Ecopetrol, the Colombian national oil company with proven reserves of about 1.8bn barrels, has a bigger market capitalisation than Petrobras, the Brazilian giant with 18bn barrels of reserves and, potentially, multiples of that in its vast new pre-salt oil fields.
That, at least, is what a São Paulo consultancy announced this week. And even if the boffins’ numbers don’t quite add up, something remarkable is going on.
Economática, the consultancy, said that based on prices at Tuesday’s close Petrobras had a market capitalisation of $123.86bn – it’s lowest for more than a year. Ecopetrol, on the same day, had a market cap of $126.72bn, making it the largest company in Latin America.
Now, according to the infallible people at ft.com/marketsdata, Ecopetrol on Thursday had a market cap of $123.21bn while Petrobras was actually worth a bit more at R$256.57bn, or $128.51bn. But never mind the facts. Let’s get on with the story.
Here is Ecopetrol’s share price over the past 12 months:
And here is the same chart for Petrobras:
(You can click through the charts to the ft.com tearsheets.)
Whatever the dollars and cents, Ecopetrol is on a roll this year, while Petrobras isn’t.
As Dow Jones reported for the Wall Street Journal:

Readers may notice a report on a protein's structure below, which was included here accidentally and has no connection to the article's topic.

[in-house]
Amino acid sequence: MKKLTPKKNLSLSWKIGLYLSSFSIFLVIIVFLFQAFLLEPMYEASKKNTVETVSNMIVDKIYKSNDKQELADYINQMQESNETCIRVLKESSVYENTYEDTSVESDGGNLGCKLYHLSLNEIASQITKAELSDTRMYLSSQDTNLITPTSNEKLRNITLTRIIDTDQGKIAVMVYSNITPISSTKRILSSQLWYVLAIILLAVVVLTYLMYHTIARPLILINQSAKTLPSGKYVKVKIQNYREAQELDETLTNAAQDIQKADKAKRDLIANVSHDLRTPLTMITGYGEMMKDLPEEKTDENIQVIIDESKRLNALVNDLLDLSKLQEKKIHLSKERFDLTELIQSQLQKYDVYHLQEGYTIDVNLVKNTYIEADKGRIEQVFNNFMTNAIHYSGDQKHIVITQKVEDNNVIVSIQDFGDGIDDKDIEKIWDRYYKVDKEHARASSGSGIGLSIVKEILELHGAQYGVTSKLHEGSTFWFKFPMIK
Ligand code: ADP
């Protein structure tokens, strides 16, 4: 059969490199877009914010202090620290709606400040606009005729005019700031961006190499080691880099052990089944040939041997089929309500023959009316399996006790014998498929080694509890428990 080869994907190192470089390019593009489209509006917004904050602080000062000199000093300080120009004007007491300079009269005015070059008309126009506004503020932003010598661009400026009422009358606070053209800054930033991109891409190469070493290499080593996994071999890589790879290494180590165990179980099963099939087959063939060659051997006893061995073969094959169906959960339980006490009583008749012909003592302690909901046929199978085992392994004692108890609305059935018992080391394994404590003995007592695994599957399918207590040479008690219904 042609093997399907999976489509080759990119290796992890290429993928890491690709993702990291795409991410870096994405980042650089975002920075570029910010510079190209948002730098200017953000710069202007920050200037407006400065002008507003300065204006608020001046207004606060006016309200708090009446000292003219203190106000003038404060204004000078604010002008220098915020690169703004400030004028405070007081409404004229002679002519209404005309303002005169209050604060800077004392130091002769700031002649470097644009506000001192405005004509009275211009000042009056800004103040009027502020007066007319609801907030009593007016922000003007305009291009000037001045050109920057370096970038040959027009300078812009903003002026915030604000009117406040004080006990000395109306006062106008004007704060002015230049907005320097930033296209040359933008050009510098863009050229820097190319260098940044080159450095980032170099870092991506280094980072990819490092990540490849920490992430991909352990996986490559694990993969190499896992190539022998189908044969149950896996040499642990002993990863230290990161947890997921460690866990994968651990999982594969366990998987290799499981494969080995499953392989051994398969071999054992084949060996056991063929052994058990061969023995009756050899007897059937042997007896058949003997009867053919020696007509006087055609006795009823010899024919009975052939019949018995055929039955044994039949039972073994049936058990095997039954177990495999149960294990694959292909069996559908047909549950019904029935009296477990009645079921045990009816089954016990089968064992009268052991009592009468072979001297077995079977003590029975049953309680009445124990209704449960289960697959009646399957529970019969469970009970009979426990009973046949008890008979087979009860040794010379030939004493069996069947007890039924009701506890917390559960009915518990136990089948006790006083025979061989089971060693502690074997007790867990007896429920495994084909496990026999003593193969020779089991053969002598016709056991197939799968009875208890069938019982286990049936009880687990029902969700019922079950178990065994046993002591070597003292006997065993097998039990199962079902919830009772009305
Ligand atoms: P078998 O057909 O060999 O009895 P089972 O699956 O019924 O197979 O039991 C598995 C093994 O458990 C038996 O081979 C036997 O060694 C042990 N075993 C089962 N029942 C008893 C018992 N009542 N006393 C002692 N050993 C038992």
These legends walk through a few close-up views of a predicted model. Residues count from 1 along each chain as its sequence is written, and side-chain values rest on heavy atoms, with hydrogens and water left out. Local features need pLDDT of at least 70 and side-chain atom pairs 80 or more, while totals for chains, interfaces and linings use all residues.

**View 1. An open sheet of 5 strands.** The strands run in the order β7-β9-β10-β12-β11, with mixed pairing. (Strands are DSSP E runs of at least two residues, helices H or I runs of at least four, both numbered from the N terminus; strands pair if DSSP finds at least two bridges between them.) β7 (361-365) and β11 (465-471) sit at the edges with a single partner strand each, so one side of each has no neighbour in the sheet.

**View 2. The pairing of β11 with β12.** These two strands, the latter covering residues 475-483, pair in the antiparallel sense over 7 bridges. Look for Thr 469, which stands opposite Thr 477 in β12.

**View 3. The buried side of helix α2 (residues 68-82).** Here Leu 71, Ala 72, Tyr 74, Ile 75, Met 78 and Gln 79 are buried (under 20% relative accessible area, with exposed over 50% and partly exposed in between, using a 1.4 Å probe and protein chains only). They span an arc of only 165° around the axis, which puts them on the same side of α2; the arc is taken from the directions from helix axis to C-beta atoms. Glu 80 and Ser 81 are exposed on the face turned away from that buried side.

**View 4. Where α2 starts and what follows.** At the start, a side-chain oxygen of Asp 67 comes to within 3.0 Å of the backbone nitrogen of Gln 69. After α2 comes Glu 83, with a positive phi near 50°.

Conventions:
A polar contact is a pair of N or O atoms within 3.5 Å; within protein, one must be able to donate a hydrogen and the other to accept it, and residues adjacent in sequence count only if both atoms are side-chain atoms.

Divergent foreign-exchange rates in the two countries explain a large part of the change, but government policies that directly affect the two oil companies have also tilted investor sentiment. While Petrobras shares have languished because of government interference and an inability to pass along higher oil prices to consumers, investors have rewarded Ecopetrol for Colombia’s hands-off approach.
“There is very limited political interference [in Colombia],” Nathan Piper, an oil analyst at RBC Capital Markets, said in an email. Colombia, for example, doesn’t impose the same demands for locally produced goods and services in oil exploration and production as Brazil, which boosts costs and could slow down development, Piper noted.
Both companies are majority-owned by their governments but have big free floats. While investors in Ecopetrol have been reaping the rewards of good governance, many investors in Petrobras are furious that its board has overseen such huge destruction of value at a time when it is preparing to exploit what industry executives have described as the most significant offshore discoveries since the North Sea.
One of the things that most bothers investors is the adoption of a new regime for Brazil’s oil industry, moving from a risk-sharing concessions system – adopted as part of market-friendly deregulation in the late 1990s – to one of greater state involvement, including mandatory public participation in all consortia operating in the pre-salt fields, which will be run under production sharing agreements.
Interestingly, one of the things that has helped the Colombian oil industry move on in leaps and bounds is that it has been able to hire top-flight talent away from PDVSA, the Venezuelan national oil company with huge reserves and experience, currently wasting away under the burden of ever greater state interference.
Risks worth investment in exploration of virgin territory, FT
National champions shine in EM value hunt, FT
Rising costs cut Petrobras profits, FT
Local supply policy tests Petrobras, FT
Offshore challenge looms for Petrobras, FT